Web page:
Report: Top general may propose pullbacks for US troops in Iraq
Nick Juliano
Published: Wednesday August 15, 2007

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September progress report being written by White House

A September report on military and political progress in Iraq is expected to recommend pulling back some US troops, although officials in the Bush administration and the military have acknowledged that political benchmarks in Iraq have not been achieved, the Los Angeles Times reports.

Although President Bush has long said the report will represent the views of Gen. David Petraeus, the commander of US troops in Iraq, and US Ambassador Ryan Crocker, it is actually being prepared by the White House with input from officials throughout the government, according to the Times.

House Democratic Caucus chairman Rahm Emanuel was highly critical of the White House involvement in preparing the report.

"After years of slogans and soundbites Americans deserve an even-handed assessment of conditions in Iraq," Rep. Emanuel (D-IL) said. "Sadly, we will only receive a snapshot from the same people who told us the mission was accomplished and the insurgency was in its last throes. We've spent hundreds of billions of dollars and lost thousands of lives in Iraq. An honest report from our generals and diplomats about the status of the war isn't too much to ask."

Earlier this year, Petraeus said political reconciliation between Iraq's Shiite-led government and its Sunni minority would be vital to secure and stabilize the country.

"Clearly they have to show that they are willing to reconcile and that they can make some progress in some legislative areas to give hope to some of the people there," Petraeus told IraqSlogger in May. Although he predicted at the time that there would not be "anything definitive" in next month's report, Petraeus said, "certainly we'll have some indicators on the political side in Iraq.

Those indicators will be bleak, the Times reports, and strategies to deal with the lack of progress has frustrated some in the White House.

"Administration and military officials acknowledge that the September report will not show any significant progress on the political benchmarks laid out by Congress," report Julian E. Barnes and Peter Spiegel in the LA Times. "How to deal in the report with the lack of national reconciliation between Iraq's warring sects has created some tension within the White House."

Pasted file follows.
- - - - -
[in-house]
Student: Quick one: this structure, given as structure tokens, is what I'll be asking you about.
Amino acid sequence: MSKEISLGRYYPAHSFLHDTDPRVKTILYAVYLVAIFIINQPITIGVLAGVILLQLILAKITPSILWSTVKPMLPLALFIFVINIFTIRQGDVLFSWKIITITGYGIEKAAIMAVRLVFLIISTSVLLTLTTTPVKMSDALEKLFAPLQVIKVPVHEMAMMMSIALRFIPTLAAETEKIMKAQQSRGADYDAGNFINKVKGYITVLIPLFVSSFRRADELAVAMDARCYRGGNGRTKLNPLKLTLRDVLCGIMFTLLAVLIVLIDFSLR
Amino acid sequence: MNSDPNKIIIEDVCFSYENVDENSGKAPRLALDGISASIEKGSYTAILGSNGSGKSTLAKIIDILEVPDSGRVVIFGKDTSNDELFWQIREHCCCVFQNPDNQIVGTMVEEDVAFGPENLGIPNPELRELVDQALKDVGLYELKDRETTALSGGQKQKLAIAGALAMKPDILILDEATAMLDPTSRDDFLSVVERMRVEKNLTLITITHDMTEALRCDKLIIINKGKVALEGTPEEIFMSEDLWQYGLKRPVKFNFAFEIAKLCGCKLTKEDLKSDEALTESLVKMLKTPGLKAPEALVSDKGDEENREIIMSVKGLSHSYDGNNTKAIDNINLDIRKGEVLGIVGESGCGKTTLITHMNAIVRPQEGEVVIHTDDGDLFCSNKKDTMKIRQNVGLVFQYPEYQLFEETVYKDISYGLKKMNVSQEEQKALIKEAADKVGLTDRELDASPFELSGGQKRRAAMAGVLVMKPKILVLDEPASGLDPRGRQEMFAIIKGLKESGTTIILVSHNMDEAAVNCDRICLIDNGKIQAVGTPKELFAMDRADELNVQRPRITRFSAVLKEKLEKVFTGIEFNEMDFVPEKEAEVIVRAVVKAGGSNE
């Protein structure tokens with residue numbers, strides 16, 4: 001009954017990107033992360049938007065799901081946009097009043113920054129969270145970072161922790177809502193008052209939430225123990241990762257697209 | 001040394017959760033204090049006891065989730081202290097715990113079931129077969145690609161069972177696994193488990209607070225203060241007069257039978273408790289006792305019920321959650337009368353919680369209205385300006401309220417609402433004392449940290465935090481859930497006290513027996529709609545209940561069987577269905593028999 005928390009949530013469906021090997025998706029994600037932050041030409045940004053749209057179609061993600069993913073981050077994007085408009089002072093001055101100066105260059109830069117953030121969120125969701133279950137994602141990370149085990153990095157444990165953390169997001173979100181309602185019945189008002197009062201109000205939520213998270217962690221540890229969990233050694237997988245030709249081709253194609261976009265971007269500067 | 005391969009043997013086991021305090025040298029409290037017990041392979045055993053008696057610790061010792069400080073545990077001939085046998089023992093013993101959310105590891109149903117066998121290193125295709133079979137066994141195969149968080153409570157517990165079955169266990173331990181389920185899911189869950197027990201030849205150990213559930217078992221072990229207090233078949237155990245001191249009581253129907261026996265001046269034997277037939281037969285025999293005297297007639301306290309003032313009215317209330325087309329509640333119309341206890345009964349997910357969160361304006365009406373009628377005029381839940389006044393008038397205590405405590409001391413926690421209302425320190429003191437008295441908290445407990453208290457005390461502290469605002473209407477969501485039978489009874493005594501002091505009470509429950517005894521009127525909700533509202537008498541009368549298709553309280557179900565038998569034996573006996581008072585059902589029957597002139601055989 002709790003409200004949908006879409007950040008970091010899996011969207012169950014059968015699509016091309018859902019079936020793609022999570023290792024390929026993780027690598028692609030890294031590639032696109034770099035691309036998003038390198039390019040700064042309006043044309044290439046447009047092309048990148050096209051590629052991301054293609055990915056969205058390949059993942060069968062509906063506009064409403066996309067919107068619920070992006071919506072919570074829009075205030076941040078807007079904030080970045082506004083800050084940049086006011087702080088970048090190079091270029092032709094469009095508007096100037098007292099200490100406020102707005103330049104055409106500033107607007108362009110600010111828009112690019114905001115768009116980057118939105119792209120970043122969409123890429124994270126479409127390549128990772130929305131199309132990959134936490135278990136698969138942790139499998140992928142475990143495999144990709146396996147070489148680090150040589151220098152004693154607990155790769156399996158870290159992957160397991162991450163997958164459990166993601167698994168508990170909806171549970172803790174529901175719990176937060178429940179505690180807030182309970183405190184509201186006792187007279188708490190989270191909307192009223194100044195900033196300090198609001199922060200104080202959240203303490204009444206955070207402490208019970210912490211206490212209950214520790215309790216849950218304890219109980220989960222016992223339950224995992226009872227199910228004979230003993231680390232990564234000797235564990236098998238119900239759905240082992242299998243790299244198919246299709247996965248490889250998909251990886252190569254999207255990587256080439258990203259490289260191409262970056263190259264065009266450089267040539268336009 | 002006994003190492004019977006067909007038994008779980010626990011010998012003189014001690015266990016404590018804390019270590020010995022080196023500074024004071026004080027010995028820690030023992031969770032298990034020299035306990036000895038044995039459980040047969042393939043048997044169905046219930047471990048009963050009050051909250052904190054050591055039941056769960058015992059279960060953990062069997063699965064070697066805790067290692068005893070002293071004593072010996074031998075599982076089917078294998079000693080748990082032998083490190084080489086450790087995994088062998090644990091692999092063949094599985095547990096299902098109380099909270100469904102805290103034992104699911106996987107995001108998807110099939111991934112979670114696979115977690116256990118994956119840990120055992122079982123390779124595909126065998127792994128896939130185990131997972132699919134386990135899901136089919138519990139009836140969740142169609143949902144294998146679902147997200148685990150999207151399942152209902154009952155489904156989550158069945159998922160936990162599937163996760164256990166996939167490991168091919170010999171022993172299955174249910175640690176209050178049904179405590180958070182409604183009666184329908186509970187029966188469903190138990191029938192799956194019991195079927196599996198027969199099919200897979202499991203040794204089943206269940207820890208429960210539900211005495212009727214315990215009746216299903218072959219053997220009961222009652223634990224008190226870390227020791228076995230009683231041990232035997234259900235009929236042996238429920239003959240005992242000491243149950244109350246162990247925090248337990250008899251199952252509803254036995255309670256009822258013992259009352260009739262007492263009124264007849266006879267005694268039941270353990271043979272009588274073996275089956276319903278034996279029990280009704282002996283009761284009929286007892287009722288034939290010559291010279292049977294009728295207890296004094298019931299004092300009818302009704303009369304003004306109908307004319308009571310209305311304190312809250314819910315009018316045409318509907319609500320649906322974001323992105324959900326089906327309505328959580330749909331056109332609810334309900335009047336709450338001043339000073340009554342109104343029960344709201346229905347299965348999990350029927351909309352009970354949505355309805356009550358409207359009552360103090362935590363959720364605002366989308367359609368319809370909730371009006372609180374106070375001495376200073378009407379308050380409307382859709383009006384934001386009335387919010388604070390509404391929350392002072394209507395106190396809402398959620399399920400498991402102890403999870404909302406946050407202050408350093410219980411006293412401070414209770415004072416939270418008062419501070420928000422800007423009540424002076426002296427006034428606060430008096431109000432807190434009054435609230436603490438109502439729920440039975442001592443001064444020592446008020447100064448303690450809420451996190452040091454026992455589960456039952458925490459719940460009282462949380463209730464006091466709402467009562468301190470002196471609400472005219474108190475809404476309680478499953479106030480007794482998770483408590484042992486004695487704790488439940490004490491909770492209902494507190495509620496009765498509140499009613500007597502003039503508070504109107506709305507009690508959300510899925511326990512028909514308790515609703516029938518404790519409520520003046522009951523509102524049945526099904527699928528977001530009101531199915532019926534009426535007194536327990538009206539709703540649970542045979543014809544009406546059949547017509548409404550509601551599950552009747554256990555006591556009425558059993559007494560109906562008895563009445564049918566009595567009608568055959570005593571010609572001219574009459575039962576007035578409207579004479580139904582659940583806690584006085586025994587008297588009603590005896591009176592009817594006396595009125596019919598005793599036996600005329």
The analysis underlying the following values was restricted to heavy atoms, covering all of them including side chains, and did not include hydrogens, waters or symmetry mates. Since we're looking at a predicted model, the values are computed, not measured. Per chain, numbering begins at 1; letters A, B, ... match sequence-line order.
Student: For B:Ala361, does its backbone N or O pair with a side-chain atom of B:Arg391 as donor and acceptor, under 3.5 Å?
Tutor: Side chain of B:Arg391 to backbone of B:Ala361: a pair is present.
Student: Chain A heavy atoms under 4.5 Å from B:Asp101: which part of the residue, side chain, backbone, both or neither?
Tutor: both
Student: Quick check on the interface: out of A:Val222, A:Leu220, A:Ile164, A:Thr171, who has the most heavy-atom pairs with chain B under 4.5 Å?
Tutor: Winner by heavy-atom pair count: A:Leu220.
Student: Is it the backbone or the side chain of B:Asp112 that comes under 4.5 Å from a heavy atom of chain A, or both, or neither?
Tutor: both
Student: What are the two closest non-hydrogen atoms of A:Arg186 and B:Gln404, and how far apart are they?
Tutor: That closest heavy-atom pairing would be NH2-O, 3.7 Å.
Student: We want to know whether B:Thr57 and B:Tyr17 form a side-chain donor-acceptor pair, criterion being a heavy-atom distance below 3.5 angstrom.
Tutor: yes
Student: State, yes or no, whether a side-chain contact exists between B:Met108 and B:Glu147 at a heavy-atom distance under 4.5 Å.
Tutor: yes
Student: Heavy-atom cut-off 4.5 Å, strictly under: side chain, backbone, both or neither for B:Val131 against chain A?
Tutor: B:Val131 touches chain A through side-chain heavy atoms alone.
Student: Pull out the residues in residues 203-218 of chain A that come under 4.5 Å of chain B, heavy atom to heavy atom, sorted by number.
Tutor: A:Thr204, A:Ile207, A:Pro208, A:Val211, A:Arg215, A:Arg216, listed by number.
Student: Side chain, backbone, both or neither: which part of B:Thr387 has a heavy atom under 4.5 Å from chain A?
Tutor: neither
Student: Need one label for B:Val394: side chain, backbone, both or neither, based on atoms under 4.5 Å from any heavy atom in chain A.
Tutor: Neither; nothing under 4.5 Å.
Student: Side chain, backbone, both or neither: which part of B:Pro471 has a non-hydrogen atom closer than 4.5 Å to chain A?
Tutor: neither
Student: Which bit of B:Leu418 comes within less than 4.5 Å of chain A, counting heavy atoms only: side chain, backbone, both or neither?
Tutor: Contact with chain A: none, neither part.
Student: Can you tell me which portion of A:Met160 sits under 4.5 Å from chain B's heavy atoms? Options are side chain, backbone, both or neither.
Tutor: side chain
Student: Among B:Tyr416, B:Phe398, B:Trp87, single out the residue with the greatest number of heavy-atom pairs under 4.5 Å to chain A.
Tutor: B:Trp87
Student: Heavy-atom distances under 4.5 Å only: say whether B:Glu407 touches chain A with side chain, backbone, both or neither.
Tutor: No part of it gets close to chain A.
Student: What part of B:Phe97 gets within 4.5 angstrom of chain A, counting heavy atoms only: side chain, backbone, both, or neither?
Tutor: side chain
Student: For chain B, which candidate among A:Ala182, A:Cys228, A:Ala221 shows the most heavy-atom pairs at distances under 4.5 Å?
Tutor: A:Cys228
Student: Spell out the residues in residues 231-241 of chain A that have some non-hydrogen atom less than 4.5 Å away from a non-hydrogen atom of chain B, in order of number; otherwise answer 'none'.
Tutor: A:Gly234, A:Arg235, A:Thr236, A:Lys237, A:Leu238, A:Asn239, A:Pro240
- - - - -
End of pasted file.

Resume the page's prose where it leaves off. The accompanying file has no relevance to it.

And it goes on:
Despite the lack of political progress, Petraeus is expected to recommend removing American troops parts of the country where commanders believe security has improved, the Times reports. Petraeus's expected plan calls for commanders to turn over security in less-violent areas to Iraqi forces and withdraw.

The Times notes, however, that Petraeus's plan would not necessarily spell the end of the "surge" by reducing the overall number of troops in the country. Troops could be redeployed to quell violence in other parts of Iraq or become a reserve force to counter any rise in violence.

Some military commanders told the Times they disagreed with the expected plan to withdraw troops from stable areas. Marine Maj. Gen. Walter E. Gaskin, who commands US troops in Al Anbar provence, said American forces should stay to help Iraqi security forces keep militants out.

"It takes time to gain experience," he said. "I see that experience happening every day, but I don't see it happening overnight. I believe it's another couple of years in order to get them to do that -- and that's not a political answer, that's a military answer."

Excerpts from article:


According to the officials, Gen. David H. Petraeus is expected to propose the partial pullback in his September status report to Congress, when both the war's critics and supporters plan to reassess its course. Administration officials who support the current troop levels hope Petraeus' recommendations will persuade Congress to reject pressure for a major U.S. withdrawal.

The expected recommendation would authorize U.S. commanders to withdraw troops from places that have become less violent and turn over security responsibilities to Iraqi forces.

But it does not necessarily follow that Petraeus would call for reducing the overall number of troops in the country. Instead, he could move them to another hot spot, or use them to create a reserve force to counter any rise in violence.

"That is the form of the recommendation we are anticipating him to come back with," a senior administration official said. But referring to the redeployment options, the official added, "I just don't know which of those categories he is going to be in."